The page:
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With Toolkits and Robots, Schools Teach Kids About Water Conservation

Texas schools have gotten creative about water education, sometimes even giving students low-flow shower heads and other water-saving devices to install at home. But funding is a perpetual challenge.

Three students at Bayless Elementary in Lubbock, Texas, consult a water usage chart after being presented with water conservation information and Waterwise kits by the High Plains Underground Water District.

LUBBOCK — Christian Cardenas, a fifth grader at Bayless Elementary School, bubbled with excitement last month as he opened a box containing a low-flow shower head and other water-saving devices.

“These are really cool kits!” he exclaimed as he held up a packet of tablets used to detect toilet leaks. He planned to start making his home more water-efficient that evening — perhaps with his father’s help.

The kits are part of an effort by the local groundwater district to encourage conservation in a region that has been dealing with a severe drought. This school year, the High Plains Underground Water Conservation District, which stretches across 16 counties in West Texas and the Panhandle, expects to spend up to $75,000 to distribute kits and educational materials to more than 2,100 schoolchildren, including the fifth graders at Bayless. Schools elsewhere in the state also incorporate water education, but officials often face budget constraints even as they praise the effectiveness of interactive learning.

“Funding is always an issue,” said Carole Baker, the executive director of the nonprofit group Texas Water Foundation. Though hands-on programs are fairly “few and far between,” she said, they give children a water-saving ethic and can also reach parents, who may not prioritize conservation.

The High Plains district has made efforts in water-conservation education since the late 1950s, when it produced an educational comic book called “Chief Running Water’s Story of High Plains Water,” in which two children travel with the chief and his horse, Thunderhead, to learn about the Ogallala Aquifer.

In recent years, the district has distributed “WaterWise” kits, which include a rain gauge and new faucet attachments. They are assembled by Resource Action Programs, a company based in Nevada, and were distributed to about 75,000 students across Texas during the last school year.

The Harris-Galveston Subsidence District, a groundwater-regulation district in Southeast Texas, spends about $2 million a year to participate in the WaterWise program, according to David Martinez, the district’s education program coordinator. Some of the cost is shouldered by people or groups that pump too much groundwater. They can avoid fines by sponsoring water education.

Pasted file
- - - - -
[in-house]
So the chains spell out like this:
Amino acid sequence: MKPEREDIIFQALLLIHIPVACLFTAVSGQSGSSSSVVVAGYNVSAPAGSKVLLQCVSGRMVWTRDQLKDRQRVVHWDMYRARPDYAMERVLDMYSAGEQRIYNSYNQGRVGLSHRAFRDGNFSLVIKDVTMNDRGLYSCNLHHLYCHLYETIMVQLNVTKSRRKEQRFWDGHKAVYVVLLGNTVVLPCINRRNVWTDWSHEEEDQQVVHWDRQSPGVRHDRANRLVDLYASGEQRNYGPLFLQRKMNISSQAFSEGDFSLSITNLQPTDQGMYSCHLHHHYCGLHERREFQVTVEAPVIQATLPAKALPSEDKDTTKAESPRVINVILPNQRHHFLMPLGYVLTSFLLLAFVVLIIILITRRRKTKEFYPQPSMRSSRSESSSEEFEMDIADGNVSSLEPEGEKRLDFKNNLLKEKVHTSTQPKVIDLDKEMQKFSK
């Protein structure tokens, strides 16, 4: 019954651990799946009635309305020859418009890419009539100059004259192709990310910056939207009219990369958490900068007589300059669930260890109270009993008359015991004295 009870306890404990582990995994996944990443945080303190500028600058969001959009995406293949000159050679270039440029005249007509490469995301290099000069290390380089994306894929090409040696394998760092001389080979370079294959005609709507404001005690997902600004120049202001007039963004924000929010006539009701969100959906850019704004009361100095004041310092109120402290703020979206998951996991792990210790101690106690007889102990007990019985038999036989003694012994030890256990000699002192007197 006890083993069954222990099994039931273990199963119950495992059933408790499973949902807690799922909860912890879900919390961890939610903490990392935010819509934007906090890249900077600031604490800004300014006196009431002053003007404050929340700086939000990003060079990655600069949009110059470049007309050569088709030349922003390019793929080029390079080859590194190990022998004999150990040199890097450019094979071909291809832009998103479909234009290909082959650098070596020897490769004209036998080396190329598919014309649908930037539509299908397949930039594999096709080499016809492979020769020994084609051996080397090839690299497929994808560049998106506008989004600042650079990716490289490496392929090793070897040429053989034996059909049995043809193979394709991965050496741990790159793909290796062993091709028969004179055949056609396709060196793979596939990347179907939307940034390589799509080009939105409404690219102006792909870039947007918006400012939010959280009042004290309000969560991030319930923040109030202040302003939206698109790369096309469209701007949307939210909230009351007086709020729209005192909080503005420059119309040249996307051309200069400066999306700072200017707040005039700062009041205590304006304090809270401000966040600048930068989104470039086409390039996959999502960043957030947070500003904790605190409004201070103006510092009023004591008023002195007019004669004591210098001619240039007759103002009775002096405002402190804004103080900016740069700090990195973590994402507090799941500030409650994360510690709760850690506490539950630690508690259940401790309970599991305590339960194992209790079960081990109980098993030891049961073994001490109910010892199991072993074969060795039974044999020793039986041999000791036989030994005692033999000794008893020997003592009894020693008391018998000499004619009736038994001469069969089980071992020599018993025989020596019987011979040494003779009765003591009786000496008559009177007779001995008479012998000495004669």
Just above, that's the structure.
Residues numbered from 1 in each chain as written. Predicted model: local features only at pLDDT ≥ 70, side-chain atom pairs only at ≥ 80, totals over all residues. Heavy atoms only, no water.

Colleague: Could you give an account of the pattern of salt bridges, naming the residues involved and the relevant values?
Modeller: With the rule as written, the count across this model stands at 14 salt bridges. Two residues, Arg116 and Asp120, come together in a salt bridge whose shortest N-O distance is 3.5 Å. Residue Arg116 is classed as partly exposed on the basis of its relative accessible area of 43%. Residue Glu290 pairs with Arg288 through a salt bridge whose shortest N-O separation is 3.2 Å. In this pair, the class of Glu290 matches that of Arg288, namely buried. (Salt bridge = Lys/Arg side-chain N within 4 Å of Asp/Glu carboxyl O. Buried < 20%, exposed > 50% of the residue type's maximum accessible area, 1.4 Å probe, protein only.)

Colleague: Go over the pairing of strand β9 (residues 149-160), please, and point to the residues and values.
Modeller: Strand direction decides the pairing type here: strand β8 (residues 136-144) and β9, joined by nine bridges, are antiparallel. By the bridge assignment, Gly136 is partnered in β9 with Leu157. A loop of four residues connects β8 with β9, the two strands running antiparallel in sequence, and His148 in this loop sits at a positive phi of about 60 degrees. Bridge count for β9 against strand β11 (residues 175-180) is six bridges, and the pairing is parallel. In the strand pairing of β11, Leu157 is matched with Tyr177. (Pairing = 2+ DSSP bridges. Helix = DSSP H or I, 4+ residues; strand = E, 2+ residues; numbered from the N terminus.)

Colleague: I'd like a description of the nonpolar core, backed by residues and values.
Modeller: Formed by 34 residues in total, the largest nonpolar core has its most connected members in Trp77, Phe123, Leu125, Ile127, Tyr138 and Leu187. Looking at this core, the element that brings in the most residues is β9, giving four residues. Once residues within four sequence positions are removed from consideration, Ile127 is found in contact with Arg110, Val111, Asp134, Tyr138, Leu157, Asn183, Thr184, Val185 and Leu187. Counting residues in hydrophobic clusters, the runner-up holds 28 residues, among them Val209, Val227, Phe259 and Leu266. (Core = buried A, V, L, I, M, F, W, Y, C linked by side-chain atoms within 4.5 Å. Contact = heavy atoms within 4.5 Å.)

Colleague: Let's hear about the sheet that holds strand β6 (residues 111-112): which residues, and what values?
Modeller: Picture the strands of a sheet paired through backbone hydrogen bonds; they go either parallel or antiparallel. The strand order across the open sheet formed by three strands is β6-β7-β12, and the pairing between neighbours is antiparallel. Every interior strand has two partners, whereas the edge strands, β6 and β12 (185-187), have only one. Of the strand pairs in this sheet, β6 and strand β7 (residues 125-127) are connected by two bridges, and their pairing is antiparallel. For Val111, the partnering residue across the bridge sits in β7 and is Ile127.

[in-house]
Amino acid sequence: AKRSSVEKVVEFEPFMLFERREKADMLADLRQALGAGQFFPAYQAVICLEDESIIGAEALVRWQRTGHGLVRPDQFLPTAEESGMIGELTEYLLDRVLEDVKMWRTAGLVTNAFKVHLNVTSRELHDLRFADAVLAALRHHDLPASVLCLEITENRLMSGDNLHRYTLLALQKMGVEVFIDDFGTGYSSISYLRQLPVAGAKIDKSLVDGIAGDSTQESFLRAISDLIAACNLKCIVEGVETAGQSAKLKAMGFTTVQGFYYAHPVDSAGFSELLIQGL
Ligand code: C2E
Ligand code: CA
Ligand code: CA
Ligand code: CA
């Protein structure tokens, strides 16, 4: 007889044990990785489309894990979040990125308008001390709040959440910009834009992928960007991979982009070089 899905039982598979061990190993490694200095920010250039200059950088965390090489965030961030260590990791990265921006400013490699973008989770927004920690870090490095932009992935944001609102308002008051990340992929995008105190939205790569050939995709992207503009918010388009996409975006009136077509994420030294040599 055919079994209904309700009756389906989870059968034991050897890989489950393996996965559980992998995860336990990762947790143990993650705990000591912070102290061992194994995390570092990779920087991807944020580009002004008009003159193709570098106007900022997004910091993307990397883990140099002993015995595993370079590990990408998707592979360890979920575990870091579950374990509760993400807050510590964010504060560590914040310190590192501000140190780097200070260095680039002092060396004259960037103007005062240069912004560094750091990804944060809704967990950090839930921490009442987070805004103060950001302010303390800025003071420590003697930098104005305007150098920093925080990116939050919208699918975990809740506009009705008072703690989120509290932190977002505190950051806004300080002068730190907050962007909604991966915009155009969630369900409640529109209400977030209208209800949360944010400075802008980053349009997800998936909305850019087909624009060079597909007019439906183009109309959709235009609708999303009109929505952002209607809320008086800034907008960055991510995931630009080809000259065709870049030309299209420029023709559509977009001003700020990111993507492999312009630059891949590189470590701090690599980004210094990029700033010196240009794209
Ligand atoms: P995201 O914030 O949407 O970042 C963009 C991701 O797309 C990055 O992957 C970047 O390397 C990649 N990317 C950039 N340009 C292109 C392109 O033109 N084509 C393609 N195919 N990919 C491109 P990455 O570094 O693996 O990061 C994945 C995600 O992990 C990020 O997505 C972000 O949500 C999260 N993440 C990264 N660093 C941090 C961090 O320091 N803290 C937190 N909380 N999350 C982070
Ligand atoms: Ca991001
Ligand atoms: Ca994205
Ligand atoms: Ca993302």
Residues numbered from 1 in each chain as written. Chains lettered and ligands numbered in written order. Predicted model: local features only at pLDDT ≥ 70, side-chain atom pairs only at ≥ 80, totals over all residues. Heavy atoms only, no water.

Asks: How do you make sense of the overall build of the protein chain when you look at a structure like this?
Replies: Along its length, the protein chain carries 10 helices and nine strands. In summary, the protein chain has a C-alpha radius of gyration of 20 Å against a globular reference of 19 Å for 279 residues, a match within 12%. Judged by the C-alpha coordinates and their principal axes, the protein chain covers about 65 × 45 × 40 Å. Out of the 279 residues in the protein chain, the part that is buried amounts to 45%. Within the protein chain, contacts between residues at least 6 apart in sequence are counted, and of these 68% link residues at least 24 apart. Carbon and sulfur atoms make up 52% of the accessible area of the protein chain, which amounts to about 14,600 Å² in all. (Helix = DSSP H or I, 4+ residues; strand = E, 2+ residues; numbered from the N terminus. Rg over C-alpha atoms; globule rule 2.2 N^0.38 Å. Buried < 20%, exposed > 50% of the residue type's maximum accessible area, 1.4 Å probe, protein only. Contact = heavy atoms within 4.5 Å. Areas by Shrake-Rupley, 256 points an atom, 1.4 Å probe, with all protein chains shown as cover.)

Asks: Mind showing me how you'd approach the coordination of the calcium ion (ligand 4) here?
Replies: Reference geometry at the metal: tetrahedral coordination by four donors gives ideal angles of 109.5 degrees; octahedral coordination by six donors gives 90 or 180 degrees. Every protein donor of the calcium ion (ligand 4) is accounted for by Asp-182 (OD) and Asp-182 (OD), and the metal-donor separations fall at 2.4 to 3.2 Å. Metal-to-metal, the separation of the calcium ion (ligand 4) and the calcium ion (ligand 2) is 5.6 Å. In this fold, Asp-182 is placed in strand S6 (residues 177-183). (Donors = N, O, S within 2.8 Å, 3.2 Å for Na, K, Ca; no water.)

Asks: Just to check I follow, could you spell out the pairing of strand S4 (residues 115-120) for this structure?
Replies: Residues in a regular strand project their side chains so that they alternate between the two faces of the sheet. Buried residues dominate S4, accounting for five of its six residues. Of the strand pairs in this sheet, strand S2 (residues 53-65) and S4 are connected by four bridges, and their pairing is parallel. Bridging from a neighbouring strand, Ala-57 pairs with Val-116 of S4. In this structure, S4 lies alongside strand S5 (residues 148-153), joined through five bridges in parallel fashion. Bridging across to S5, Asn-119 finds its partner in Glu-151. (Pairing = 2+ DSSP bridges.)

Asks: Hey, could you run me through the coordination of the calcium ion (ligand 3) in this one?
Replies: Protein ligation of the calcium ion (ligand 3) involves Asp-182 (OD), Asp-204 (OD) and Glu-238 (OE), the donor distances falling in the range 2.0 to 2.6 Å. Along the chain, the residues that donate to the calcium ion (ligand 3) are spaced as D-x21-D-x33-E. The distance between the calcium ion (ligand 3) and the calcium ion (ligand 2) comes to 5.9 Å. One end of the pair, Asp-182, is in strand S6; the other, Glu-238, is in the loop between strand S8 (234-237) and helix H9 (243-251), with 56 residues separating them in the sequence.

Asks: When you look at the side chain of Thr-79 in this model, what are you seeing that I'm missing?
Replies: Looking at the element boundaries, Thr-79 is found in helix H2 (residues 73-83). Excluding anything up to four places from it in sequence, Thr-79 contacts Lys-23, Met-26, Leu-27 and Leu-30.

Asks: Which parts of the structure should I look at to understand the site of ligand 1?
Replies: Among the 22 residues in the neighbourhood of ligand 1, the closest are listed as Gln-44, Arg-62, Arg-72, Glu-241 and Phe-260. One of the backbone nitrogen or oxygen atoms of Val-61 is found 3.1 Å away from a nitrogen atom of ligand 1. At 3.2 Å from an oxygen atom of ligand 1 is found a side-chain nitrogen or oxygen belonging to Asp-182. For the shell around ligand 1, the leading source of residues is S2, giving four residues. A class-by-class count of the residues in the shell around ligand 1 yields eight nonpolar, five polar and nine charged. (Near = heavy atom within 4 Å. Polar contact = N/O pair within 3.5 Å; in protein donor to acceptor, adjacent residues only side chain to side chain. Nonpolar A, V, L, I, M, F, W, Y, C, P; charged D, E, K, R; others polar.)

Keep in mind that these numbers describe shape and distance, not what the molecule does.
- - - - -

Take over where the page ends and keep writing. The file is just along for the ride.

Other interactive learning tools exist, too. In Frisco, a Dallas suburb, a robot called Professor WaterWise (not related to the Nevada company) speaks to fourth and fifth graders about conservation. Save Water Texas, an outreach group, helps bring mobile labs to Southeast Texas schoolchildren to show how storms replenish aquifers. The trailer’s thunder and lightning displays are a highlight.

“Experiential things really stick with kids,” said Ron Kaiser, a professor of water law and policy at Texas A&M University. Still, he said, despite anecdotal evidence about the programs’ effectiveness, few studies exist to quantify their long-term impact.

According to Resource Action Programs, its efforts saved close to 11 million gallons of water last year in the High Plains water district. That is nearly half the daily wintertime water usage in Lubbock. But that estimate is based largely on schoolchildren’s reports of how much water their families saved by installing efficient equipment.

At Bayless Elementary, the WaterWise kits complement a water-education unit enthusiastically embraced by Holly Guillmen, a science teacher.

“What are some of the reasons to conserve water?” Guillmen asked the fifth graders one day last month. Hands shot up, and one student said, “Because we’re going to need it in the future when we’re having kids.”

Nelly Perez, whose daughter Angelica participated in the Bayless WaterWise program last year, said that her daughter had installed some of the faucet equipment by herself — a month before Perez even realized it. "My daughter was like, ‘Well, Mom’s never going to get to it,’" Perez said, adding that her daughter's conservation focus has prompted the family to take shorter showers and also reduced their water bill.

The water tools are not universally embraced, however. Carmon McCain, a representative of the High Plains water district, said he was approached a few years ago by a child who had been through the WaterWise program. “Mr. McCain, my daddy doesn’t like your shower head,” the child told him.

In retelling that story, McCain smiled wryly. “You win some, you lose some,” he said.

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